Comments from Chinese diplomat Li Kexin over the weekend have been the subject of a back and forth, as Taiwanese authorities characterized his words as a threat to the island.
“The day that a US Navy vessel arrives in Kaohsiung is the day that our People’s Liberation Army unifies Taiwan with military force,” Chinese media reported Chinese diplomat Li Kexin as saying.
Taiwan, which has been fully self-governing since 1949, is considered by Beijing to be a wayward province of China. Any actions on the part of Taiwanese authorities aimed at promoting formal independence could theoretically trigger China’s anti-secession law, which would authorize the use of force to unify the territory.
In response to Li’s comments, Taiwan’s foreign ministry was reported by Reuters as saying that “while Chinese officials seemed to want to try and win over hearts and minds in Taiwan, they also had been repeatedly using threats that hurt the feelings of Taiwan’s people.”
“These methods show a lack of knowledge about the real meaning of the democratic system and how a democratic society works,” the ministry said.
China’s state-run Global Times had a different take. Li’s words were not a threat, an editorial wrote (link in Chinese) Monday, just a reminder:
The day a US navy vessel arrives in Kaohsiung is the day our PLA uses force to unify Taiwan, this is a stern warning from the mainland…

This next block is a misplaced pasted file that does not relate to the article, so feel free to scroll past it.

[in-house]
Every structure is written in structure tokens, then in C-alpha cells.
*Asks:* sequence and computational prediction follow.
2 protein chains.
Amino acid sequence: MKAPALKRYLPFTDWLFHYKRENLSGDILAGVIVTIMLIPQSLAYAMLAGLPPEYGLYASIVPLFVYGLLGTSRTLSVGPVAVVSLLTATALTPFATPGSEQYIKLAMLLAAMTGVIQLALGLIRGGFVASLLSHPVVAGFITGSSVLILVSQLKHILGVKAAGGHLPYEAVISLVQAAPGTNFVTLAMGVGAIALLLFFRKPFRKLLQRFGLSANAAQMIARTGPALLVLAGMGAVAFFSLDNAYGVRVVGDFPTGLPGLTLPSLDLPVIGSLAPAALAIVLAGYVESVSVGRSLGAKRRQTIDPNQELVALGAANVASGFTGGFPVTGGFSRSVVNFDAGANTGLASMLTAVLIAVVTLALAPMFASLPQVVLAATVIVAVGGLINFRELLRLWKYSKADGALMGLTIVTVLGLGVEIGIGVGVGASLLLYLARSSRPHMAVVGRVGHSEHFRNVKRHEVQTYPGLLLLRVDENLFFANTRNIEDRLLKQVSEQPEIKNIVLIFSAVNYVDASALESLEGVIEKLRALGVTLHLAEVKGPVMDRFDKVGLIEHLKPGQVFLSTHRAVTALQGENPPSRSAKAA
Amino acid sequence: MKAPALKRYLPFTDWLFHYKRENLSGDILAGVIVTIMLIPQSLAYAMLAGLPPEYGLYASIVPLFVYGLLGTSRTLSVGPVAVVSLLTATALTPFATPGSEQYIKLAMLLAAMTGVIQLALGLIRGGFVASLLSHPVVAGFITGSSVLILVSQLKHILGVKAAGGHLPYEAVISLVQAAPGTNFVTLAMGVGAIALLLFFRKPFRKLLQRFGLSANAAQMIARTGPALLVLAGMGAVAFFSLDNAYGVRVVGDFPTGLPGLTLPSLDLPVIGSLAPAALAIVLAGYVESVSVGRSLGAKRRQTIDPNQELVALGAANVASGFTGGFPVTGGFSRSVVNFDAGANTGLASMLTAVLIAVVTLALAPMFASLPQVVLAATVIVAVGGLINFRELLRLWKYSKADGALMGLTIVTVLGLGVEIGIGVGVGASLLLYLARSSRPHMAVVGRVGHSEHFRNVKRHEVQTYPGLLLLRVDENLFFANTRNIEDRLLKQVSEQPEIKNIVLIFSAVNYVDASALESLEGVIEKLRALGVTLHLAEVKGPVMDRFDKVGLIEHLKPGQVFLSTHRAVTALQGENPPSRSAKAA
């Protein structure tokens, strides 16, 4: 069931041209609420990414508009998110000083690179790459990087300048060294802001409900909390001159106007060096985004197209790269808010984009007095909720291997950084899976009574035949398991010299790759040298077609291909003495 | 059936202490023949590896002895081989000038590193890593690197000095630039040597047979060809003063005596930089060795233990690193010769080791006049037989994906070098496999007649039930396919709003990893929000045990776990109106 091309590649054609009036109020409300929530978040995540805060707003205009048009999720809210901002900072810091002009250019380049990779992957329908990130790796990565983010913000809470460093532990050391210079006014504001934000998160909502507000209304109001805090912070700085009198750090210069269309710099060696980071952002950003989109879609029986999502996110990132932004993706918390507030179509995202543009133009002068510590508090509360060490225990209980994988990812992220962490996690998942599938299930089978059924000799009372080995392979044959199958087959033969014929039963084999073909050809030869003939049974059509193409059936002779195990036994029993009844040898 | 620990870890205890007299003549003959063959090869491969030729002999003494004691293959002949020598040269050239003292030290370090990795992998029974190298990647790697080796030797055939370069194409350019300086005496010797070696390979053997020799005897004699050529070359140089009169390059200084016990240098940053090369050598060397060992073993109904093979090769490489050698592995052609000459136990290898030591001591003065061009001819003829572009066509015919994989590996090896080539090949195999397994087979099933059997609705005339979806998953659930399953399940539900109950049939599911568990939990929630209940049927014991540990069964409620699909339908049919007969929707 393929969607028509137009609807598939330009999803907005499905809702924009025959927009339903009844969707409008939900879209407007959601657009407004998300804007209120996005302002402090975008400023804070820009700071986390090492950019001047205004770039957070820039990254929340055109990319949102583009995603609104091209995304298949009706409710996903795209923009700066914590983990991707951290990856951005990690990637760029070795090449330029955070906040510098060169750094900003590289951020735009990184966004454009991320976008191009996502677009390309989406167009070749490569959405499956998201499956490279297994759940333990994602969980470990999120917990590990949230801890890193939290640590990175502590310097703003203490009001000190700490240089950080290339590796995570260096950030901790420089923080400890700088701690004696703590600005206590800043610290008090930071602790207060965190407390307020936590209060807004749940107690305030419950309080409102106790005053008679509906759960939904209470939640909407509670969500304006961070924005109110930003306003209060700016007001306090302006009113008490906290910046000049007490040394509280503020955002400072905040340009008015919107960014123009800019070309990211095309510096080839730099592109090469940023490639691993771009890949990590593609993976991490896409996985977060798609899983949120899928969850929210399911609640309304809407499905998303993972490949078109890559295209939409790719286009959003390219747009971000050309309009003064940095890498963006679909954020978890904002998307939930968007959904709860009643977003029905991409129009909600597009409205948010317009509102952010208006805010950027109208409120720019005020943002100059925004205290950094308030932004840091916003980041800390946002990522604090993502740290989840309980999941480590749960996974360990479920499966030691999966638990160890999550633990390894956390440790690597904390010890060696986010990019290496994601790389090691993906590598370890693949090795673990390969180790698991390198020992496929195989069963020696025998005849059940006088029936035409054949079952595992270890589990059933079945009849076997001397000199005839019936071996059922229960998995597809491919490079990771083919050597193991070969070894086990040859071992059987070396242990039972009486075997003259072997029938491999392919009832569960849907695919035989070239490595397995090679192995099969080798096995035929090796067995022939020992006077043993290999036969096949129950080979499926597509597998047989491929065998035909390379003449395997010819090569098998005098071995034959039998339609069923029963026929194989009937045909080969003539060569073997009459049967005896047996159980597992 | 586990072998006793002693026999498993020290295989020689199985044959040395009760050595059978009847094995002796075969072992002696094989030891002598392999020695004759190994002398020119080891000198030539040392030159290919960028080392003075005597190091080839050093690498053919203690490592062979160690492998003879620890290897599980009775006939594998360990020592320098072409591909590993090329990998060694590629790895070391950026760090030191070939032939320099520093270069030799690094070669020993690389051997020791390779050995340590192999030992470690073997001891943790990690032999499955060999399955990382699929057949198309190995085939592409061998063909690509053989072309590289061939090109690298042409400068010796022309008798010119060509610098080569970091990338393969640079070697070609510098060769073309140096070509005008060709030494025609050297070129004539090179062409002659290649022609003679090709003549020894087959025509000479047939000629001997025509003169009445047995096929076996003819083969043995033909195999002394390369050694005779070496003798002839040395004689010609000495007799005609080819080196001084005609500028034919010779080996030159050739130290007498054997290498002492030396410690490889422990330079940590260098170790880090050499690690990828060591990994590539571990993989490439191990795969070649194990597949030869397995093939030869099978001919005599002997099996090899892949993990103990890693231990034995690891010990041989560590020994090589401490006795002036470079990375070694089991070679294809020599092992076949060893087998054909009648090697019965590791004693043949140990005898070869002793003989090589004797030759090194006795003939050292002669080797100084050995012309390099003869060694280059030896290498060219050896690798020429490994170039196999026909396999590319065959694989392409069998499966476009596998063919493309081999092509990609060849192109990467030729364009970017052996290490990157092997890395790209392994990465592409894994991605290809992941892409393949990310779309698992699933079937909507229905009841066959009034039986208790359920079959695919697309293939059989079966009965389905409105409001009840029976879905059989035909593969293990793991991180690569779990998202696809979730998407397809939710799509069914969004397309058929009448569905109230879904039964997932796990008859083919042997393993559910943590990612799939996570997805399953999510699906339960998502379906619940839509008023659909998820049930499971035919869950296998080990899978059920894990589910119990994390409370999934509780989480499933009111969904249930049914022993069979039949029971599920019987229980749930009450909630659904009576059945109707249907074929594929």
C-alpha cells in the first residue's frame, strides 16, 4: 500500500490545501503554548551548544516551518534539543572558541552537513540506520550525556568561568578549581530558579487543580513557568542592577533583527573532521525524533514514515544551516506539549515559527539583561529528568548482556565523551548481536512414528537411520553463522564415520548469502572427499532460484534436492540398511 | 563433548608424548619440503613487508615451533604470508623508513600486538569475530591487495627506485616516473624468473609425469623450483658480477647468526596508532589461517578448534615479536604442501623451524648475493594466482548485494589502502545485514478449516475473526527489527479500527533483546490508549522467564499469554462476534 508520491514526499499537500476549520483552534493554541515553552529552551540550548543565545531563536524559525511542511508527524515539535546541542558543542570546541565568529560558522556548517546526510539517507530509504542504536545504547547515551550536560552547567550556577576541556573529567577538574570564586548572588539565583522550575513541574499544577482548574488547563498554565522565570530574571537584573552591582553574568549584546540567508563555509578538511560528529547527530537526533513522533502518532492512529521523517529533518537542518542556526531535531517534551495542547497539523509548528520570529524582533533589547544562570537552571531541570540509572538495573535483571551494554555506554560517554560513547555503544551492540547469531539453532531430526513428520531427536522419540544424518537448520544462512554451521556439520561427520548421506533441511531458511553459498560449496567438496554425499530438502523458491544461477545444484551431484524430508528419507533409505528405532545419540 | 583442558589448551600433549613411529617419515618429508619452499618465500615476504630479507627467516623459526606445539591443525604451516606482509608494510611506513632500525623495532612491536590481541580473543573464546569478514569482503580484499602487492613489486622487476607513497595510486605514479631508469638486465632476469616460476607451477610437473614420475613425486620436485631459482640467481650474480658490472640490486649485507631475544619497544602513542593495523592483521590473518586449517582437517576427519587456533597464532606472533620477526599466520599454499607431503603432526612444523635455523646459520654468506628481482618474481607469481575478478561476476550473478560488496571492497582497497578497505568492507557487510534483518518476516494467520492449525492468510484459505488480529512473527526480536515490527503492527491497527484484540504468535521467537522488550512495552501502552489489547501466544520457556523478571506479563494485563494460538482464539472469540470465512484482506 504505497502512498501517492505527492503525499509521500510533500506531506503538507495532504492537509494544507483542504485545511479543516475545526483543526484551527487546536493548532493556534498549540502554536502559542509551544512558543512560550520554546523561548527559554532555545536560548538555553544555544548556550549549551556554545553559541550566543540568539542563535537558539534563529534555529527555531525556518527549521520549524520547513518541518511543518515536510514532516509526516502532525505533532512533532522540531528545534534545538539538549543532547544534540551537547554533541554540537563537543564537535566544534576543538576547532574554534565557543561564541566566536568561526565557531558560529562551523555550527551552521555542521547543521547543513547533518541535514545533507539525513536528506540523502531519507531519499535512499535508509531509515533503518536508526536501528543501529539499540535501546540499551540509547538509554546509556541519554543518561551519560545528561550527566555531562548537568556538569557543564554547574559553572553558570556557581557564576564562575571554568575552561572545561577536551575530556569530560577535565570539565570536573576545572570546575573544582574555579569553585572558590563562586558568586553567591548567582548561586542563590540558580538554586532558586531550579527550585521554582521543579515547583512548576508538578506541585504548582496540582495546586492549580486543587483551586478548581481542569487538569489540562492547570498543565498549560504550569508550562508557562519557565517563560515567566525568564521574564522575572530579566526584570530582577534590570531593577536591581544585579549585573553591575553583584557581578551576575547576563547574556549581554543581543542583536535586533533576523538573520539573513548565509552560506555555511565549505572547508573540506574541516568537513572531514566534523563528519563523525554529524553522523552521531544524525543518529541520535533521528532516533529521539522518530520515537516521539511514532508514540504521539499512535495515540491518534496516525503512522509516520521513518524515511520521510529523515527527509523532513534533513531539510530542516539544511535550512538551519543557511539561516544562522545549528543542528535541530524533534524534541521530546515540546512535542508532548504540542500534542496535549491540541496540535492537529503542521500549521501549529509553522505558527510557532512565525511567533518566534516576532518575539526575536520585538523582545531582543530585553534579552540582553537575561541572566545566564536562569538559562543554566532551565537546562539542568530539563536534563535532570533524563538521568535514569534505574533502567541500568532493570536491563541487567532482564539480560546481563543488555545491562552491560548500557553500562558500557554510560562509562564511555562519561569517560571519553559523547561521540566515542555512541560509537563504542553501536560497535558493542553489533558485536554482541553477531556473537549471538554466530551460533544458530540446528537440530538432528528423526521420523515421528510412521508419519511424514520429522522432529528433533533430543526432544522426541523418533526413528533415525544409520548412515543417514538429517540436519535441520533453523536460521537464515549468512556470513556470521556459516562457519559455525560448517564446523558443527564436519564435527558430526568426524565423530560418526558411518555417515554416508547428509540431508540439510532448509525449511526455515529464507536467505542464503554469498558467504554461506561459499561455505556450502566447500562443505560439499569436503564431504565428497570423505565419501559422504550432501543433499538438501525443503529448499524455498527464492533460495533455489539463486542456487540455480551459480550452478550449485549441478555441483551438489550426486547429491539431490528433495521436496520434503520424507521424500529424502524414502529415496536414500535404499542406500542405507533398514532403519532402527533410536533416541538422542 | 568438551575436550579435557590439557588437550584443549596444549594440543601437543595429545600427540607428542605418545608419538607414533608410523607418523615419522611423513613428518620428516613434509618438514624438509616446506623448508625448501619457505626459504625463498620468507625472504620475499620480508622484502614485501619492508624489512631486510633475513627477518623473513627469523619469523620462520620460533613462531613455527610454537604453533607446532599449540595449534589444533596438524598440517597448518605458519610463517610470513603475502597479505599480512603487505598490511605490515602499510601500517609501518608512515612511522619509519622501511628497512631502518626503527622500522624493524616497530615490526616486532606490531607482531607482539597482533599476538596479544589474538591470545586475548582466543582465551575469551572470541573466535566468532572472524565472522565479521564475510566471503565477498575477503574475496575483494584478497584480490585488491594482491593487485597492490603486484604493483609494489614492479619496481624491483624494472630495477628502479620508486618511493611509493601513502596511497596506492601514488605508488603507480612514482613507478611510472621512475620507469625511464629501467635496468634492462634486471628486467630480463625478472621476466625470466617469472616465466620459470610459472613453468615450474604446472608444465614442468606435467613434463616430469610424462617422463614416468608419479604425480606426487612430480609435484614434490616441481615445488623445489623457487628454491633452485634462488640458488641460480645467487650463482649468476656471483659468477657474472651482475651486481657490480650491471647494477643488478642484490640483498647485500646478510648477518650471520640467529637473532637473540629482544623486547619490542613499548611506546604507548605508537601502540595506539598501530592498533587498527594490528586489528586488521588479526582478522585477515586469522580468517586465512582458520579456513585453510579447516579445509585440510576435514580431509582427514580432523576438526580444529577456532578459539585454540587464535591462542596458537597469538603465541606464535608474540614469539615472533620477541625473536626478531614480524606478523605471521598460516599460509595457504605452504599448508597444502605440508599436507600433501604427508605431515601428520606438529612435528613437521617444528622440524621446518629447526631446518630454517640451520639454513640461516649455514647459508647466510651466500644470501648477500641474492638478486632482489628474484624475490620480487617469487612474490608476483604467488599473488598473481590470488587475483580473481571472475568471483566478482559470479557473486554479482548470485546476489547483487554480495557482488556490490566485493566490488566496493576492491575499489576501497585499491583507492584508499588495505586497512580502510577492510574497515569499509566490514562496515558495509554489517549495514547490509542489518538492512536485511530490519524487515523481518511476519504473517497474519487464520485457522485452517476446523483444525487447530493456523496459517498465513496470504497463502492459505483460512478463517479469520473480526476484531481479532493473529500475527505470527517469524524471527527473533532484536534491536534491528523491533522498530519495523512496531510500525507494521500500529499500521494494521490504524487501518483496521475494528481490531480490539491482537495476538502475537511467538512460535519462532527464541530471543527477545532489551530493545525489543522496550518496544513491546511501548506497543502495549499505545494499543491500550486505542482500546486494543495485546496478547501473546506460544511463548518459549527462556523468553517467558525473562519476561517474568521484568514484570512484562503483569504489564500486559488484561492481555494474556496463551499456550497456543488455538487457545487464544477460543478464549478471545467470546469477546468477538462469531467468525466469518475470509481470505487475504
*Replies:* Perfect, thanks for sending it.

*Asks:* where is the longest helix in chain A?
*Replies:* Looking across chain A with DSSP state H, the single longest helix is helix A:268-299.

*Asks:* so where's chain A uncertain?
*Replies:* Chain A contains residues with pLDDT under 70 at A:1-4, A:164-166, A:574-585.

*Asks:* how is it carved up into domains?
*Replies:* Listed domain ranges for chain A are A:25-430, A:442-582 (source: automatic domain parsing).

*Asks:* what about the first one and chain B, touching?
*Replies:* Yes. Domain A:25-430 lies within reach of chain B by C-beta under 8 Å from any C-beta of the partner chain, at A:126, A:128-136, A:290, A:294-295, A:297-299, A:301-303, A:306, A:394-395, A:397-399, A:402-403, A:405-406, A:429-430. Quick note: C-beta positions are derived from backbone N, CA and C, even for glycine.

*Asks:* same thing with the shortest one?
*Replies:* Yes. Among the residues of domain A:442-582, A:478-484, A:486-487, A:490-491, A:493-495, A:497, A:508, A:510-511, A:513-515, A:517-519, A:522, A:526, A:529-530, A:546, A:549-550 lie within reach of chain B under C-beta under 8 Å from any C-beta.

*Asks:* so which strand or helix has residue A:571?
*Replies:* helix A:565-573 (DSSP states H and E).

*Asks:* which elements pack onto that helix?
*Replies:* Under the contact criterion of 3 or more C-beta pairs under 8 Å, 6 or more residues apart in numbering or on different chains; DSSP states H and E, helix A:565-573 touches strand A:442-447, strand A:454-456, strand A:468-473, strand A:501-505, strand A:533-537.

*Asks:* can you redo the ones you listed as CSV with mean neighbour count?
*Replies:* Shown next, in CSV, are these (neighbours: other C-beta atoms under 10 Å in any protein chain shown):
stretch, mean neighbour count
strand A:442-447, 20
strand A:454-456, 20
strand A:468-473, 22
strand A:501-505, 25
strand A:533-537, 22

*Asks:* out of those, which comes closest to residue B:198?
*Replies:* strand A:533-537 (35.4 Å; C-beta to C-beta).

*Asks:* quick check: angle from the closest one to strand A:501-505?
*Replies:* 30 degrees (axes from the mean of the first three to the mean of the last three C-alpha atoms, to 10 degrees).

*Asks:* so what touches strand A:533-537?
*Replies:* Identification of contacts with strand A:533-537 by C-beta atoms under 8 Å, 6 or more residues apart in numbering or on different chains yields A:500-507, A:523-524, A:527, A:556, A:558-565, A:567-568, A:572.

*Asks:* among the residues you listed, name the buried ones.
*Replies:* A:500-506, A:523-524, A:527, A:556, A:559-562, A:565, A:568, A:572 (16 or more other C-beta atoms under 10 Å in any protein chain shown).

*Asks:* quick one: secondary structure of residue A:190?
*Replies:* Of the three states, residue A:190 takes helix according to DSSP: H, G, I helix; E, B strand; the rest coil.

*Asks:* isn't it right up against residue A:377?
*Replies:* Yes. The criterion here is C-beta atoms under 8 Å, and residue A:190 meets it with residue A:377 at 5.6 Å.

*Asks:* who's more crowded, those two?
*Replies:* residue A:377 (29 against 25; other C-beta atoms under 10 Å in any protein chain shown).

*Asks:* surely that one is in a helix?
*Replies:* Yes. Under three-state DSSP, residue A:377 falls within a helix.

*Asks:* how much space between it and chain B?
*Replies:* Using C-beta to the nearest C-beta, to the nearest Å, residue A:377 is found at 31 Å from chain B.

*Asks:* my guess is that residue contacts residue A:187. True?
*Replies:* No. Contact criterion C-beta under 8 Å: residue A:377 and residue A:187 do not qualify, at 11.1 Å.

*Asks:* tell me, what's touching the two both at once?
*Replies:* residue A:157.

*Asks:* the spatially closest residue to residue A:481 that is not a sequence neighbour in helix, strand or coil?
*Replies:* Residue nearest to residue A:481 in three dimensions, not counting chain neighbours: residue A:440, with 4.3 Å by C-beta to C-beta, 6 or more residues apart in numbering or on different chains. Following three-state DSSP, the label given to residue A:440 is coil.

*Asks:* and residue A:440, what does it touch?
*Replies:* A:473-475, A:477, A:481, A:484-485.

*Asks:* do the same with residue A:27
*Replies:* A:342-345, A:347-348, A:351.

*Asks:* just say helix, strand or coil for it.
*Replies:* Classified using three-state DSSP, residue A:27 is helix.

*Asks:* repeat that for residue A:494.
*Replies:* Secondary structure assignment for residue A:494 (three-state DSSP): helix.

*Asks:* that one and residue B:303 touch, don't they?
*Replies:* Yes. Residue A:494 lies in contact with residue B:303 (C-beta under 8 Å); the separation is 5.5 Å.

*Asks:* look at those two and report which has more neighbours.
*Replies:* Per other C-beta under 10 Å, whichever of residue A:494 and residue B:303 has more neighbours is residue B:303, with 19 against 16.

How is this threatening Taiwan? It clearly is sounding of the alarm as Taiwanese authorities go too far in their salami-slicing style of veiled Taiwan independence efforts.
After years of improving ties between Taiwan and Beijing under former president Ma Ying-jeou, the relationship has deteriorated since Taiwan’s current president Tsai Ing-wen took office. Though she has publicly expressed support for maintaining the status quo, Tsai’s political party has traditionally held the position that Taiwan is already an independent state, making a formal declaration of independence unnecessary.
Li’s warning, which he reportedly said he relayed to US officials, came after a US Senate committee approved an unbinding bill calling for the resumption of port visits to Taiwan.